Rhino excels at creating and describing complex 3D forms and surfaces. The robust NURBS surfacing tools allow complete control of shape and form and easy matching of tangency and curvature to adjacent surfaces. Modelling History allows surfaces to be adjusted whilst neighbouring surfaces automatically adjust and maintain their set matching. A complete set of analysis tools allows surfaces to be evaluated visually or mathematically ensuring that both aesthetic and manufacturing requirements can be met.

An exciting development in Rhino v7 is the introduction of a complete, spline based, SubD toolset. This surfacing methodology allows for the easy creation and adjustment of freeform and organic forms that can sometimes be challenging to model using a conventional NURBS methodology. Put simply, the designer is in control of the shape and form and Rhino looks after the continuity.

Of course, not all designs require complex sculptural forms and to this end Rhino has a great set of direct modelling tools to create basic planar solid geometry, and a full set of solid modelling tools many of which now maintain a level of adjustability.

Models, 2D Drawings and Visuals all in one document

Creating great geometry is only part of the design process – your idea needs to be communicated effectively to co-workers and customers. Rhino has several different viewport ‘presentation’ modes including a Raytraced Rendered mode where physically accurate transparency, translucency, reflections, and refractions can be calculated. There is also the ability to create camera animations such as turntable, path and fly-through.

In terms of creating 2D drawings – Rhino has a complete 2D drafting and annotation environment with a toolset and commands that will be familiar to users of other popular 2D drafting software. These drawings can be output via printer, plotter or files such as PDF.

In Rhino your 3D model, visualisations and 2D production drawings can all be created and controlled in a single document.

Collaborative Workflow

Most creative professionals realise that they need more than one software solution. McNeel understands this too and Rhino is not marketed as part of a ‘vertical solution’ or a ‘suite’ of products: Rhino is designed for collaboration with other software.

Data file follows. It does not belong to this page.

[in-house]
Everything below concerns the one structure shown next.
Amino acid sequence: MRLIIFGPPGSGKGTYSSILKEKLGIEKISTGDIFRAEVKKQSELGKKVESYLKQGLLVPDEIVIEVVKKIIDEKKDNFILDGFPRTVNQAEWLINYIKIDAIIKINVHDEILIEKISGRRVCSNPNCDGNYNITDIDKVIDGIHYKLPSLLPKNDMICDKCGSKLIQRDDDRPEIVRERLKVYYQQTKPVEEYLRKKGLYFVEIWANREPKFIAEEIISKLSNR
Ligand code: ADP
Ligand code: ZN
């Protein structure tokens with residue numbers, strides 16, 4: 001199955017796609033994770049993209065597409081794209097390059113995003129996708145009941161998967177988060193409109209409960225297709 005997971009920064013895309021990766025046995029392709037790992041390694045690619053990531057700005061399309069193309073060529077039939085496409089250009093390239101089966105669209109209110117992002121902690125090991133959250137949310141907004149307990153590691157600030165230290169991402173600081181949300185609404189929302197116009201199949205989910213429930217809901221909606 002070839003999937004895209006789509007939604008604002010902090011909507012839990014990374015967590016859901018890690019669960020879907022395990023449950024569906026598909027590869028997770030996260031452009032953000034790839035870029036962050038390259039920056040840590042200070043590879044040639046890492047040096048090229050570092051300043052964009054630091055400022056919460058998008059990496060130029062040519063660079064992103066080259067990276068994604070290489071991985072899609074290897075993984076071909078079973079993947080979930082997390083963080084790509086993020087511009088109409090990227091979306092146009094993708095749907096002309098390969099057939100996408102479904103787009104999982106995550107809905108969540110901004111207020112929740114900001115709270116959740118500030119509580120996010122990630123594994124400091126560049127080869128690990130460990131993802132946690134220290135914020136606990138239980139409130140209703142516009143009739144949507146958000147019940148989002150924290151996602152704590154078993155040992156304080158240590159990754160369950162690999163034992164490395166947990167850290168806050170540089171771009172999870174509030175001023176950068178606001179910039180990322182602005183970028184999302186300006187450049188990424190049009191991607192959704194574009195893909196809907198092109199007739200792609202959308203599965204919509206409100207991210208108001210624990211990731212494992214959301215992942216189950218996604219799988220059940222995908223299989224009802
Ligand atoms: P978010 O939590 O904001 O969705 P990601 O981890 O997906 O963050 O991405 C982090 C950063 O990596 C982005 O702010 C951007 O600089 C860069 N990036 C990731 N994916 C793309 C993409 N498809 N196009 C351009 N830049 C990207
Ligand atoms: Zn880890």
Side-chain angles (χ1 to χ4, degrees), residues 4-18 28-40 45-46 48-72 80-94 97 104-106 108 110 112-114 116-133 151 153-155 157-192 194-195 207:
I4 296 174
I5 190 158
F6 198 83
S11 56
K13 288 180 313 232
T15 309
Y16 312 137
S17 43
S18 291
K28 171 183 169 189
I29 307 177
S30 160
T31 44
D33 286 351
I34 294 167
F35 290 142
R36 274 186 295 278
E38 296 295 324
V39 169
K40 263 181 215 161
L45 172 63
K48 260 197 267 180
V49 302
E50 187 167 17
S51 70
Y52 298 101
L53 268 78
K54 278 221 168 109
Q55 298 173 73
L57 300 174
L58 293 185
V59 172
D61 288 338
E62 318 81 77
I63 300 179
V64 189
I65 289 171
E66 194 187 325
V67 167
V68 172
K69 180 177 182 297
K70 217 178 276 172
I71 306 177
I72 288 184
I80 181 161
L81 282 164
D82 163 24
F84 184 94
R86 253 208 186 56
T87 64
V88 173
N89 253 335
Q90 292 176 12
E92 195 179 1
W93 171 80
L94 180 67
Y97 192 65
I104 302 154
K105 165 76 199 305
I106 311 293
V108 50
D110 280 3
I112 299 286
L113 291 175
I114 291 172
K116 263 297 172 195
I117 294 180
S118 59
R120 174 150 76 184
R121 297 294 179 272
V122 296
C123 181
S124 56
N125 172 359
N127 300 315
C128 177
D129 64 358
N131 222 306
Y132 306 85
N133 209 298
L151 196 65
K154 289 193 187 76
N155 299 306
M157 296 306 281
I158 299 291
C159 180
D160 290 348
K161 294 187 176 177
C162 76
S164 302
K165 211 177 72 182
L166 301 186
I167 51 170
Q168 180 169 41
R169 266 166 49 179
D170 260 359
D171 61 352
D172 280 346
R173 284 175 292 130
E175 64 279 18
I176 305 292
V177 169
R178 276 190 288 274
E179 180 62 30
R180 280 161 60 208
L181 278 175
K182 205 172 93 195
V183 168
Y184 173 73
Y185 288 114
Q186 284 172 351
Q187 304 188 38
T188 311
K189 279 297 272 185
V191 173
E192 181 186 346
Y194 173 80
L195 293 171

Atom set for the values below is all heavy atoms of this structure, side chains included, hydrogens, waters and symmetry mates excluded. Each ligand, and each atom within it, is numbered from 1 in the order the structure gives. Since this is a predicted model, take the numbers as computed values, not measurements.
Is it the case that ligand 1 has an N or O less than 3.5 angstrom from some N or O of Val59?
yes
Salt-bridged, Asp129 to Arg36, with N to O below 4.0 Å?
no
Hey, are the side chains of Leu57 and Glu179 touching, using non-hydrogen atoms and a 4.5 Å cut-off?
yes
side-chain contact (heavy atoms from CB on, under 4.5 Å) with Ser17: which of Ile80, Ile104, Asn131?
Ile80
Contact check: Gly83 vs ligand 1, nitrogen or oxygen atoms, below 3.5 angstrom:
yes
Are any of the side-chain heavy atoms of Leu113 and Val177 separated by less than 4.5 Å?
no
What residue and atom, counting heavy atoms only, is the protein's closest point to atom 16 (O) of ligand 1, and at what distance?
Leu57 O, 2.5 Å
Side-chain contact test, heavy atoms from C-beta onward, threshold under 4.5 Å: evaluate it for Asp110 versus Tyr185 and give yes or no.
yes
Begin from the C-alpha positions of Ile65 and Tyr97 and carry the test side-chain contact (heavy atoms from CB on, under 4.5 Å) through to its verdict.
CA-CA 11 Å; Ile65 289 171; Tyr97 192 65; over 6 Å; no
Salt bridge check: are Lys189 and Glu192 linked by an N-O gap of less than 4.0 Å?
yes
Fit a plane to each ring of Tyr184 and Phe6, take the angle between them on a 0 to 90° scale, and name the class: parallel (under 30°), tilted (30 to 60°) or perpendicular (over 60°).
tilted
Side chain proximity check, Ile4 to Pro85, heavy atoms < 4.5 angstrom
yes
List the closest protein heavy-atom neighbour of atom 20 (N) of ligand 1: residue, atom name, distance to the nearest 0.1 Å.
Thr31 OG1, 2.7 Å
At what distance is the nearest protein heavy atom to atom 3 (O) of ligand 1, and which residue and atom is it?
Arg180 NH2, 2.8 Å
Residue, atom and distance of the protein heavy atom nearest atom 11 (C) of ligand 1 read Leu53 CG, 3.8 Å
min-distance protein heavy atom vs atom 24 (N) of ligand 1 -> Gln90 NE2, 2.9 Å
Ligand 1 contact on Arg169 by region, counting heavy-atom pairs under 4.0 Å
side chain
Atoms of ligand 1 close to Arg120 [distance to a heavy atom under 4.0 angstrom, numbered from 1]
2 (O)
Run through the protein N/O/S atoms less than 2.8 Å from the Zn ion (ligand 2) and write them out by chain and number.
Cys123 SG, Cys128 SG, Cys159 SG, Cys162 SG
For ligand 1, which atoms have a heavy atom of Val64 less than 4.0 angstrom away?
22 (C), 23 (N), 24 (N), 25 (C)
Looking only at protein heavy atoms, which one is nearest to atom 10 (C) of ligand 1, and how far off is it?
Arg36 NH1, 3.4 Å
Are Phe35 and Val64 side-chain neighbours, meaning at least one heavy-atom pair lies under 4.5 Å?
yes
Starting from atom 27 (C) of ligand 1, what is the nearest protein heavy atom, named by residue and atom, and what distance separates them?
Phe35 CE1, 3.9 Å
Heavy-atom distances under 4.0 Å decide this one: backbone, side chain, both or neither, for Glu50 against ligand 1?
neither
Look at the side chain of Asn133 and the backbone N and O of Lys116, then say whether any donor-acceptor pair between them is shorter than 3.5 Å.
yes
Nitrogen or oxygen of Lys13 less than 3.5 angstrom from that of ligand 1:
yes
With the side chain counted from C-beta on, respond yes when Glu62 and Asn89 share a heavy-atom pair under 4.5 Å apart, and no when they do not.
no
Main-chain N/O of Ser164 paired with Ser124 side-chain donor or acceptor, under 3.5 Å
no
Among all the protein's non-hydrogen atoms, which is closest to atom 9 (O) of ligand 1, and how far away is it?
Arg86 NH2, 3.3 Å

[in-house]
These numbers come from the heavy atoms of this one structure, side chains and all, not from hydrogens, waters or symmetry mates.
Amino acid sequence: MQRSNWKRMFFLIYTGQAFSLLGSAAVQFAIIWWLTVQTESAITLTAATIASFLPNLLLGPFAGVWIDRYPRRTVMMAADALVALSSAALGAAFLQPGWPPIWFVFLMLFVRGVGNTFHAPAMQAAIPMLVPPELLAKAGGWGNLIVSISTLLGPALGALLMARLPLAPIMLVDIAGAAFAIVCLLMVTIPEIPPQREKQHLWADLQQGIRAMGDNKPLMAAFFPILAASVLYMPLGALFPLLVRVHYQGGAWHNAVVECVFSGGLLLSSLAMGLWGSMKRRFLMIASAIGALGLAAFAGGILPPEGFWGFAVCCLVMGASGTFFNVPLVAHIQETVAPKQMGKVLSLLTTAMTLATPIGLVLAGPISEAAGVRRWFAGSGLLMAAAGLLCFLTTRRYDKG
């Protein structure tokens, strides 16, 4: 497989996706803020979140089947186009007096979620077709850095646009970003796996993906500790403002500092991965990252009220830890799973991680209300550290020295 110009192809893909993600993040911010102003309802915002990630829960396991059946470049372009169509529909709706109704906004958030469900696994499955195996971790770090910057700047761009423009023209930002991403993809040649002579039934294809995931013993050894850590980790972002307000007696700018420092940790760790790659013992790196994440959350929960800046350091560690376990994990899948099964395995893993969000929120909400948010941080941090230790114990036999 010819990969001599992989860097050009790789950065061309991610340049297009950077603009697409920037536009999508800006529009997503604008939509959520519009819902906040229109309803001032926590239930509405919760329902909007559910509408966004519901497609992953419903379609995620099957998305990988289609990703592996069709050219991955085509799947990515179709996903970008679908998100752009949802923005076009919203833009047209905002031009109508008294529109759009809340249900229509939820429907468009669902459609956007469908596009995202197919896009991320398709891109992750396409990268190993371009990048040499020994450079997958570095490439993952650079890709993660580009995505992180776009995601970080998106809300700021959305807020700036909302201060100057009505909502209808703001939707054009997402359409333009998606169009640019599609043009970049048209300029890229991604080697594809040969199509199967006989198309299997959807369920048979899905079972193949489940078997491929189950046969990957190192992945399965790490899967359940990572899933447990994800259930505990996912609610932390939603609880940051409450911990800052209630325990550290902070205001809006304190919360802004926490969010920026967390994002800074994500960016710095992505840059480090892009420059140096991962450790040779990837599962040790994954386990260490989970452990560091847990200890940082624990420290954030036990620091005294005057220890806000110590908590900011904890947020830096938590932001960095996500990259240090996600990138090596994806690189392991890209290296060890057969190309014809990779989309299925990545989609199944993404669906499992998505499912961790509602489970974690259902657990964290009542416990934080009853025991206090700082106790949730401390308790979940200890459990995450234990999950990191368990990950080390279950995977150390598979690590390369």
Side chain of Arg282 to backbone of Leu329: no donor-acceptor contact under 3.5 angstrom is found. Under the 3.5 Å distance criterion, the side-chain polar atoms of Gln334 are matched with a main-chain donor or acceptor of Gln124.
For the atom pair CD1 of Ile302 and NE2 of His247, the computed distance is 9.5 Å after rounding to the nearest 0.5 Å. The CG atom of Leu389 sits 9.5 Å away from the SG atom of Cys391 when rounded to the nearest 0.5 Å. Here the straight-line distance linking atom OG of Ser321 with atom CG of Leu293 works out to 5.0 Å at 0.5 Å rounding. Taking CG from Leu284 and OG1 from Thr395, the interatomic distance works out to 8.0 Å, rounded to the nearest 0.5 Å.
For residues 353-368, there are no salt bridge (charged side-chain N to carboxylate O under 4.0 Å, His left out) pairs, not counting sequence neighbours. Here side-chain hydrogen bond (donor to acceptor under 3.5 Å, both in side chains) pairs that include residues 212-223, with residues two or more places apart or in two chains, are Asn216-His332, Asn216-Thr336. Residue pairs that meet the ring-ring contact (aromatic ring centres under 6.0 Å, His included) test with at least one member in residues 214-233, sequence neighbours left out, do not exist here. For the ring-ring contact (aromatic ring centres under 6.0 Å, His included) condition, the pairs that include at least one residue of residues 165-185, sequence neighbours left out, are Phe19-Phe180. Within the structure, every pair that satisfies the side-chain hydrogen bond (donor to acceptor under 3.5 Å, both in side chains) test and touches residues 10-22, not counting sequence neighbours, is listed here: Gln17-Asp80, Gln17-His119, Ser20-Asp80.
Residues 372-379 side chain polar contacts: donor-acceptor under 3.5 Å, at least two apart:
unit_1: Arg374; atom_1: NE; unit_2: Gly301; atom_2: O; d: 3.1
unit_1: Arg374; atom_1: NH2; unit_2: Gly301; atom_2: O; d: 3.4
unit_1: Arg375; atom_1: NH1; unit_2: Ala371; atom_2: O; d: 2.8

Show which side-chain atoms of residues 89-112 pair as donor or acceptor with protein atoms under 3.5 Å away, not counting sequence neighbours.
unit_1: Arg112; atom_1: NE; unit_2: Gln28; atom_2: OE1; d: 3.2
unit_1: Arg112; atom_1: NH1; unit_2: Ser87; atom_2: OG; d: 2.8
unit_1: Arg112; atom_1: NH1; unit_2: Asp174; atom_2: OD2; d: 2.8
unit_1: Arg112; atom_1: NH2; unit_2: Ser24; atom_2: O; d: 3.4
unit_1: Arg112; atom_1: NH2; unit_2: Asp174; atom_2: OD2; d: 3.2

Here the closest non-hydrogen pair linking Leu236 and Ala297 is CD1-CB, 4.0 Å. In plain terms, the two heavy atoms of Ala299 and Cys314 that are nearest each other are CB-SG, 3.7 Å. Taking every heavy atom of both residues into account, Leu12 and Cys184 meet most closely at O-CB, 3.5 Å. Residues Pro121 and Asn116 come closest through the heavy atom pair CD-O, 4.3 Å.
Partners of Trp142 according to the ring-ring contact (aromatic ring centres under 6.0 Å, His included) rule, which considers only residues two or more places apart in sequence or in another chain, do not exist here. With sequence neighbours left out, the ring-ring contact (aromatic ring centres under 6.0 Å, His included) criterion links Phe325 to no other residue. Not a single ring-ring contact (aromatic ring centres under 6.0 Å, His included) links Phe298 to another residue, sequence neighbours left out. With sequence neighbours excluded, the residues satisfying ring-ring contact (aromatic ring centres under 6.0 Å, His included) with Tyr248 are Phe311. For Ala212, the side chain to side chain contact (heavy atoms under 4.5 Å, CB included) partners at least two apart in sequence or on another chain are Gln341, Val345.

Rhino reads and writes files from most major graphics, design, modelling, and engineering applications. So, for example, your Rhino project might start with importing 2D drawings from AutoCAD, graphics from Adobe Illustrator and 3D engineering parts from SolidWorks and end with sending files to a Formlabs 3D Printer and toolmaker using PTC Creo.

Rich Plug-In Environment

Rhino is a general-purpose 3D modelling tool with excellent 2D drafting capabilities and great visualisation tools. There are, however, hundreds of plug-ins available for Rhino that extend this core functionality.

Popular rendering and visualisation products such as V-Ray, KeyShot, Maxwell Render and TwinMotion all either plug-in or link to Rhino giving the ability to create photorealistic visuals and immersive animations. Industry specific plug-ins such as VisualArq and RhinoTerrain for Architecture and Panther for Jewellery Design extend Rhino’s functionality to include industry specific workflows.

Not all the plug-ins available for Rhino are ‘commercial’ and many are available for free including such popular plug-ins as Section Tools, Panelling Tools and Trace. You can find out more about all Rhino plug-ins at www.food4rhino.com

Grasshopper and Beyond

Unlike many solid modellers, Rhino is not natively parametric and for many modelling tasks, particularly where a design is still in development, this is advantageous. Nearly all Rhino commands are History aware, meaning that associations between, for example, a set of curves and a surface built from them can be maintained but this is not a true parametric relationship. Rhino uses Grasshopper, its built-in visual programming interface, to create parametric and generative workflows. Grasshopper itself has a plug-in architecture allowing for many cutting edge features to be added, for example Kangaroo - a live physics engine. Grasshopper is now extremely popular especially in industries such as Architecture and, just like Rhino itself, has a vibrant and supportive user community.